BRUSSELS, Belgium, July 20, 2004 (ENS):
After five years of a de facto moratorium on the marketing
of genetically modified crops due to public opposition,
the European Commission authorized Monday the import
and processing of the first genetically modified crop.
Monsanto's genetically modified maize NK603 was approved
for use in animal feed or for industrial purposes but
not for cultivation or human food.
This authorization is valid for 10 years. The NK603
line of maize, or corn, was developed to allow the use
of glyphosate, the active ingredient in Monsanto's herbicide
Roundup, as a weed control option. The genetic modification
allows the plant to survive the otherwise lethal application
A separate decision on authorizing the NK603 maize
for use in human food will be taken in the coming months
after EU agriculture ministers Monday failed to support
the Commission's proposal to allow its import for food.
The NK603 maize is the first product to be assessed
and approved after the entry into force of a new set
of regulations governing genetically modified crops.
It will be covered by the new strict labeling and traceability
rules which came into force in April.
When put on the market, the NK603 maize must be clearly
labeled as genetically modified, whether in bulk shipments,
bags or other containers. Its post-marketing monitoring
will be assured through a unique identifier assigned
to the grain to enable its traceability.
European Environment Commissioner Margot Wallstrom
said, "The NK603 maize has been subject to a rigorous
pre-market risk assessment. It has been scientifically
assessed by the European Food Safety Authority as being
as safe as any conventional maize. Its safety is, therefore,
not in question, and neither is the question of user
or consumer choice."
"Clear labeling provides farmers and consumers
with the information they need to decide whether to
buy the product or not. And robust post-marketing rules
will ensure that the product can be traced and monitored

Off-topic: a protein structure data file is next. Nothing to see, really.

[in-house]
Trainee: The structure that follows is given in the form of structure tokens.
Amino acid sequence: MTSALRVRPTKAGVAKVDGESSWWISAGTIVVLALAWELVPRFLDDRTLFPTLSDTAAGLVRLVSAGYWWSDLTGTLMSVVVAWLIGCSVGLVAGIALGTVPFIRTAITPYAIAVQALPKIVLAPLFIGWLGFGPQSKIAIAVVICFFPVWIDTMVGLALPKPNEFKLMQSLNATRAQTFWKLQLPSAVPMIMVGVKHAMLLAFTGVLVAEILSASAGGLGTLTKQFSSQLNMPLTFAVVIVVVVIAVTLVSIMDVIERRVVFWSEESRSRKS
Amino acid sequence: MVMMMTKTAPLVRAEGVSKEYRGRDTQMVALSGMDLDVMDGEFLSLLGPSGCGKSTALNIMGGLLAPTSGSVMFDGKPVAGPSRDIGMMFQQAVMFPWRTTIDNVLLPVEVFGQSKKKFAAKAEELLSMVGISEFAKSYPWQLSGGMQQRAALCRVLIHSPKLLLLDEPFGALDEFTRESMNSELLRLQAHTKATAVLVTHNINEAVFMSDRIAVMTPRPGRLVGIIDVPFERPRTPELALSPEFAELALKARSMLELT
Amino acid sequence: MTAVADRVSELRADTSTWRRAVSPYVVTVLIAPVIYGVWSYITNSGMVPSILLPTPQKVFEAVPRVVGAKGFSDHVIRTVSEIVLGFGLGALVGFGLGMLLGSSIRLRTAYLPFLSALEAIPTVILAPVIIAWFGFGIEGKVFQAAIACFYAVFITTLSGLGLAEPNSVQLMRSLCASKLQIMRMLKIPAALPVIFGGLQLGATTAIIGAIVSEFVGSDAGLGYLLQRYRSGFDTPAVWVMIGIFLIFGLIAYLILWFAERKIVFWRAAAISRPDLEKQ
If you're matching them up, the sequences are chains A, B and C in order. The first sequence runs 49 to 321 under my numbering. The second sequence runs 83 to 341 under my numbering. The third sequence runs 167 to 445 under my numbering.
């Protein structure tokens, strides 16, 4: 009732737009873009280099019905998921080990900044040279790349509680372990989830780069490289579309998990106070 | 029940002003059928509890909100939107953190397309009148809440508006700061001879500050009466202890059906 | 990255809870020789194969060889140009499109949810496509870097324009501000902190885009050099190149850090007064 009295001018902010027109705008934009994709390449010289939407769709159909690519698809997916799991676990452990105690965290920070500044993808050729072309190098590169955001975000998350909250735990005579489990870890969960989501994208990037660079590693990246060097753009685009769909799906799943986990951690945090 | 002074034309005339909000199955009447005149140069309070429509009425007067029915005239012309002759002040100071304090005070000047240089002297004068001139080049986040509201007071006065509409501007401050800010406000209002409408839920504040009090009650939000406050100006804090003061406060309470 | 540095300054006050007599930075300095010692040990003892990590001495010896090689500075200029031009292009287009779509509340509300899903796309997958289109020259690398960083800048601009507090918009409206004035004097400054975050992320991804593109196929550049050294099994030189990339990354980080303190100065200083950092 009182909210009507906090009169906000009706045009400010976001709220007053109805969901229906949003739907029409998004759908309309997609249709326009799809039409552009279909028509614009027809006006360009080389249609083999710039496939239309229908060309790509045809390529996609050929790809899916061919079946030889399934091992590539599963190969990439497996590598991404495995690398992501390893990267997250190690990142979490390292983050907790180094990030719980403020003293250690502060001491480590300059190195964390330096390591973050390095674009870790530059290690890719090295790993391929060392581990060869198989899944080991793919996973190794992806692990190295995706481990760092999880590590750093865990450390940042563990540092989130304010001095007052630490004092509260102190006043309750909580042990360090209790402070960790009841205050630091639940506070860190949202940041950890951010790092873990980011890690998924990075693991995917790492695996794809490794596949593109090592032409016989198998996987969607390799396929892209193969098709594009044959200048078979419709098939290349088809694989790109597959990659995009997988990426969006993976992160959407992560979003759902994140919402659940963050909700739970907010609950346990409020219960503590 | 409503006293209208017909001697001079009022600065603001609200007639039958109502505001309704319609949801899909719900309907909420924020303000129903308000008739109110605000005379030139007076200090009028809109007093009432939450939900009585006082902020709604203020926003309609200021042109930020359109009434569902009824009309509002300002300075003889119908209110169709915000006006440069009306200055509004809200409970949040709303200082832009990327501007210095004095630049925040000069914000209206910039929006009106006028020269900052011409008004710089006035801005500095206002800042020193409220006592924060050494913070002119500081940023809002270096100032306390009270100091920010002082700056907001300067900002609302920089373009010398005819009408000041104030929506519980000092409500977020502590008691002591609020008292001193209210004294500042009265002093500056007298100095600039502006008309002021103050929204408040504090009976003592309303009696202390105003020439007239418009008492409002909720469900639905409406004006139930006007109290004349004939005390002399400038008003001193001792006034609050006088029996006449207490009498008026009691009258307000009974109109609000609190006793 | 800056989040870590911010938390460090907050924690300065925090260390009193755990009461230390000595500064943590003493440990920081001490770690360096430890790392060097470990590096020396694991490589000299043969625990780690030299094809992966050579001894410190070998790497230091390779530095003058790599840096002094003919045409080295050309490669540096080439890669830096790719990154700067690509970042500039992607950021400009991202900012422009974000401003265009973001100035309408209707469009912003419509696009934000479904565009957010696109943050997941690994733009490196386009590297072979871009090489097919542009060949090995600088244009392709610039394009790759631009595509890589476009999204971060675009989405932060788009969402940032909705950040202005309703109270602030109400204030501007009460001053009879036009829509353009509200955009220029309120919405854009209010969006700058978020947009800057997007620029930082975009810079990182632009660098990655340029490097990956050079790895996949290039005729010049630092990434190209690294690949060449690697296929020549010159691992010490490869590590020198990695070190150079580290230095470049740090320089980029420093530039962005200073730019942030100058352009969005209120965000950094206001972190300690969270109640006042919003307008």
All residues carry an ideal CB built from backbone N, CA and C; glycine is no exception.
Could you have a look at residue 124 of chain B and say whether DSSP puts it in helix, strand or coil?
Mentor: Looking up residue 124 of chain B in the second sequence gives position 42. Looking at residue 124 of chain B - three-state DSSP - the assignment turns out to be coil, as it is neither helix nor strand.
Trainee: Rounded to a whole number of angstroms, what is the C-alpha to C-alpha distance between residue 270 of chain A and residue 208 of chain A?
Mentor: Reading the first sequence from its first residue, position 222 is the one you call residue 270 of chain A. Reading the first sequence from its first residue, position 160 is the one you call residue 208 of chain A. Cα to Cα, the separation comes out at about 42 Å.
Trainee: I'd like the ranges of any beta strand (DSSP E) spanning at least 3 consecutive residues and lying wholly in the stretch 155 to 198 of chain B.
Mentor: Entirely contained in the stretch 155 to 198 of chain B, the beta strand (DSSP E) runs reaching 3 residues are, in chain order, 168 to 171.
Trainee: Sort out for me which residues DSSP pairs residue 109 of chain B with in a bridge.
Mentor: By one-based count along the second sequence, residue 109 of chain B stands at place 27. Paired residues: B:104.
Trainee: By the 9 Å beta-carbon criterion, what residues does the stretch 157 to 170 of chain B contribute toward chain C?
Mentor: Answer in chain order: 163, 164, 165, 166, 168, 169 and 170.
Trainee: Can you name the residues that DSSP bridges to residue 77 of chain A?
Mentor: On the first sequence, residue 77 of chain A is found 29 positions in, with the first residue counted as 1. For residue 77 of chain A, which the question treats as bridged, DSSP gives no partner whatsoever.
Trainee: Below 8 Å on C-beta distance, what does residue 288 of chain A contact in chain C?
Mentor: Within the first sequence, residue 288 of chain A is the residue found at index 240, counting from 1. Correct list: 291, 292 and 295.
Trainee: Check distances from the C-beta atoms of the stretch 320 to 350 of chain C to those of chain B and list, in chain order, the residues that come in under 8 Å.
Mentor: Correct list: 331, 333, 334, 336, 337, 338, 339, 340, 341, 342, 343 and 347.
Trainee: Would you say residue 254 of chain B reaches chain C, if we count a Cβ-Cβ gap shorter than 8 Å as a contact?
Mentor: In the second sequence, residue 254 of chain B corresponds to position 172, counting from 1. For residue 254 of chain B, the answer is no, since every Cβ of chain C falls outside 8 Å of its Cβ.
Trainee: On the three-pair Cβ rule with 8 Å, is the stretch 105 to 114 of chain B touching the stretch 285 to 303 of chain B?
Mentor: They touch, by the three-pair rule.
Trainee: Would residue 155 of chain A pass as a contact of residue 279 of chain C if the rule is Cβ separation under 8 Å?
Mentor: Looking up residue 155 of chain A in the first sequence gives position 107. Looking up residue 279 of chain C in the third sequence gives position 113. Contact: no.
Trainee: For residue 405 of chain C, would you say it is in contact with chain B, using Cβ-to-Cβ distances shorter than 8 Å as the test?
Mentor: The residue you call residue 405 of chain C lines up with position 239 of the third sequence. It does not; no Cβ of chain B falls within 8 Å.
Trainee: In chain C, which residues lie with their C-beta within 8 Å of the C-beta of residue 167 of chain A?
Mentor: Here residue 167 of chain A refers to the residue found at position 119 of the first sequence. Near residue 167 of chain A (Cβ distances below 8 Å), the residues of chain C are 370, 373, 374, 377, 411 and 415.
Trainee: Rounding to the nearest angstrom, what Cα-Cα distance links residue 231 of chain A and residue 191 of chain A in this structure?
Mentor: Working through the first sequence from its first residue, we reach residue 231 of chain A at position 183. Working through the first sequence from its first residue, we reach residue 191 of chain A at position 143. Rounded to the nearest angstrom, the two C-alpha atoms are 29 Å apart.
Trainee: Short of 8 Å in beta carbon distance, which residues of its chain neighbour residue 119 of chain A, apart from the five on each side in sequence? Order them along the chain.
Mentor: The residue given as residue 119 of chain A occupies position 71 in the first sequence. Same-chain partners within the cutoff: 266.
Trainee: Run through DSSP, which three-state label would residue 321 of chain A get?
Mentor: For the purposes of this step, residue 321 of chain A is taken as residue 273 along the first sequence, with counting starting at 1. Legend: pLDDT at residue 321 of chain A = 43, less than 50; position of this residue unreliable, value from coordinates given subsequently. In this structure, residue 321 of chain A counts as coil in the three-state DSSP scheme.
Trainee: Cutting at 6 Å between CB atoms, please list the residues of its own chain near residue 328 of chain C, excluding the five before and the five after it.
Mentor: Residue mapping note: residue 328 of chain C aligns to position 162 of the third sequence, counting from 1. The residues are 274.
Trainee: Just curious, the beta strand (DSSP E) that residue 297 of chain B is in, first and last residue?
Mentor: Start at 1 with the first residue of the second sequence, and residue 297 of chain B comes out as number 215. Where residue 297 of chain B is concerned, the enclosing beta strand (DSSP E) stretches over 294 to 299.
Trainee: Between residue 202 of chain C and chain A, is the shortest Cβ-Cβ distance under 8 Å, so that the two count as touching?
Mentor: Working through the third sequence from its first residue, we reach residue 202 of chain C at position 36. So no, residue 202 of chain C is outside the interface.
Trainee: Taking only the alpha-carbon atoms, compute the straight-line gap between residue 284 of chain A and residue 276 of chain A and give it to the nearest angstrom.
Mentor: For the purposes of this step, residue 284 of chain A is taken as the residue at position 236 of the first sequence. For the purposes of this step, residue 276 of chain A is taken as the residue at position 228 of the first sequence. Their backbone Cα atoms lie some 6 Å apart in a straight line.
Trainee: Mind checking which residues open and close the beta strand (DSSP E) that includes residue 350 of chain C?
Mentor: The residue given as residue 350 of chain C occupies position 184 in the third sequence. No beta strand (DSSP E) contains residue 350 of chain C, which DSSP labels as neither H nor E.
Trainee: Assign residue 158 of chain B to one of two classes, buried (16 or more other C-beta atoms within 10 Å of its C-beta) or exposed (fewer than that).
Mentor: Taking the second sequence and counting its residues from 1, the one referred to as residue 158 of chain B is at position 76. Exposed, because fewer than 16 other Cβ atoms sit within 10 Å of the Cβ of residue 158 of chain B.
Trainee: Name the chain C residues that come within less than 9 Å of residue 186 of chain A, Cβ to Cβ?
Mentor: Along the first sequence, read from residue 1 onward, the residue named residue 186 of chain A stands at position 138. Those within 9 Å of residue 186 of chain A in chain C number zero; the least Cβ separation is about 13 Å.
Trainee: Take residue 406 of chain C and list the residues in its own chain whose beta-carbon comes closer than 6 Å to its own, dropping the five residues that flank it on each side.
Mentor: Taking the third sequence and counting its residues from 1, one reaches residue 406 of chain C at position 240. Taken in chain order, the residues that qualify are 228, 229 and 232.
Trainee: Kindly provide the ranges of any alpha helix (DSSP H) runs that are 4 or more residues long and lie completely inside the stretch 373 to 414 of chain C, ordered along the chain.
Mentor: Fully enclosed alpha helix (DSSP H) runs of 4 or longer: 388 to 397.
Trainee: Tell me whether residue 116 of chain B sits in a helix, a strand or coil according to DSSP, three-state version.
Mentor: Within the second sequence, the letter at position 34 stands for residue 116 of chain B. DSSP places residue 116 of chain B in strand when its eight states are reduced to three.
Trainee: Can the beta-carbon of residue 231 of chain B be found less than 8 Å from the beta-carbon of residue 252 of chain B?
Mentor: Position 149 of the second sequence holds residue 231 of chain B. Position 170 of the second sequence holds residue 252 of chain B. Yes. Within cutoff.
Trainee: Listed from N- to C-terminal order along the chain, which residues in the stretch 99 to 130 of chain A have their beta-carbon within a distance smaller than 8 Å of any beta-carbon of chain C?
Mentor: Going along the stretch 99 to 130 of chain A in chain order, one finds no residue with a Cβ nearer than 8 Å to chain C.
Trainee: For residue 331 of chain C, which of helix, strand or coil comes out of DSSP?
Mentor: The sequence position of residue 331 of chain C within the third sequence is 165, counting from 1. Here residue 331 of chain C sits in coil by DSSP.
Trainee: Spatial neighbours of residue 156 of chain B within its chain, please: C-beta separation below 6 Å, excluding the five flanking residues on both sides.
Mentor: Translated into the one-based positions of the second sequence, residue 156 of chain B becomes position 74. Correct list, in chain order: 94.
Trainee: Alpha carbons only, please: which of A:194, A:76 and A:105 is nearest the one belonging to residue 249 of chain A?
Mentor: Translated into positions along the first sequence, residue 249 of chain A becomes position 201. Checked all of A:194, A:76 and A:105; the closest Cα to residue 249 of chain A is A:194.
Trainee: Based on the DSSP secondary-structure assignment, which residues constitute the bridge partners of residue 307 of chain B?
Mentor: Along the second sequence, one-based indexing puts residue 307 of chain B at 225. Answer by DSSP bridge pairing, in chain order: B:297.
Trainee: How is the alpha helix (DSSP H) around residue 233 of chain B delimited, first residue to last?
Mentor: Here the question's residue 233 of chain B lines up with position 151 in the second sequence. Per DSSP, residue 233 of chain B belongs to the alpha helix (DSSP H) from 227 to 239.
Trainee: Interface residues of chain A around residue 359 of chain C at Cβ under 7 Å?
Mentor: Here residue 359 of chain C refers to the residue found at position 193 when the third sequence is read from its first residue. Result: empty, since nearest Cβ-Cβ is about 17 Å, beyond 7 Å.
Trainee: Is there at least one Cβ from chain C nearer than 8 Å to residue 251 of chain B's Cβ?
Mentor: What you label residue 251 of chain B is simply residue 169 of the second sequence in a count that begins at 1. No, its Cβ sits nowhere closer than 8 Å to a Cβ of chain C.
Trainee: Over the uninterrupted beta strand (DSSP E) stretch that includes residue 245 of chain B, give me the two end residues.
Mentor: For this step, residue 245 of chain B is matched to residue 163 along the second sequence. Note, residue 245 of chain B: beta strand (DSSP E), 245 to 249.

when put on the market," said Wallstrom.
"Monsanto welcomes the Commission's ruling on
Roundup Ready Corn 2 technology," said Brett Begemann,
executive vice president of international commercial
for Monsanto. "This decision is welcome progress
toward completing the necessary regulatory approvals
for Roundup Ready Corn 2 technology in the EU. We're
hopeful that this is a signal that the European Communities
and its member states are serious about ending the moratorium
on biotech approvals."
NK603 maize is widely used in other parts of the world
with "no reports of any adverse effects on health
or the environment," said Wallstrom. The genetically
modified grain has been approved as human food in Australia,
Canada and Japan, South Africa and the United States,
and as animal feed in the Philippines.
Last week, the Argentine government approved Monsanto's
NK603 Roundup Ready maize for planting in that country.
Monsanto's preliminary 2004 sales data suggests that
acres planted with Roundup Ready Corn are expanding
in the United States. Acres planted are expected to
increase for a seventh consecutive season and it is
estimated to be planted on 16 million acres this season,
up from 12 million acres last year, the company said.
Still, European reluctance to approve genetically modified
foods is clear. The Council of Agriculture Ministers
Monday failed to reach a qualified majority to approve
the use of NK603 corn and its processed products as
foods and food ingredients under the Novel Foods Regulation.
Processed products include foods such as cornstarch
or corn syrup.
After it became clear that there would be no qualified
majority there was no official vote and so the position
of individual countries is unclear.
Friends of the Earth, which has opposed genetically
modified crops for years, says not enough analysis of
NK603 maize has been done.
"There has only been an analysis of the short-term
effects on human and animal health. There has been no
analysis of the long-term effects on subsequent generations
and the effects on health sensitive consumers,"
Friends of the Earth says, warning that approval without
such analysis is a violation of European law.
In addition, the group says, there has been insufficient
analysis of the grain's potential to trigger allergies.
"It is unacceptable that EFSA [European Food Safety
Authority] has dismissed the legitimate concerns raised
by several member states about the suitability of the
approach used for allergenicity testing."
Friends of the Earth says the European Food Safety Authority
has neglected a recent report from the Organization
for Economic Cooperation and Development that demonstrates
that maize can cause allergic reactions.
The group and other critics such as Greenpeace worry
that cows fed on genetically modified feed may produce
milk that triggers allergies or has other harmful health
But the European Commission says its new system to
regulate genetically modified food, feed and crops is
"clear, transparent and stringent."
The authorization procedure under this new system is
intended to ensure that only genetically modified organisms
which are safe for human and animal consumption and
for release into the environment can be placed on the
Several genetically modified foods are already authorized
in the European Union - mainly herbicide tolerant soy,
maize, cotton, and oilseed rape, known as canola.
Monsanto has requested EU authorization for a Roundup
Ready sugar beet and several other genetically altered
maize strains that are modified for insect resistance
or herbicide tolerance.
Copyright Environment News Service (ENS) 2004. All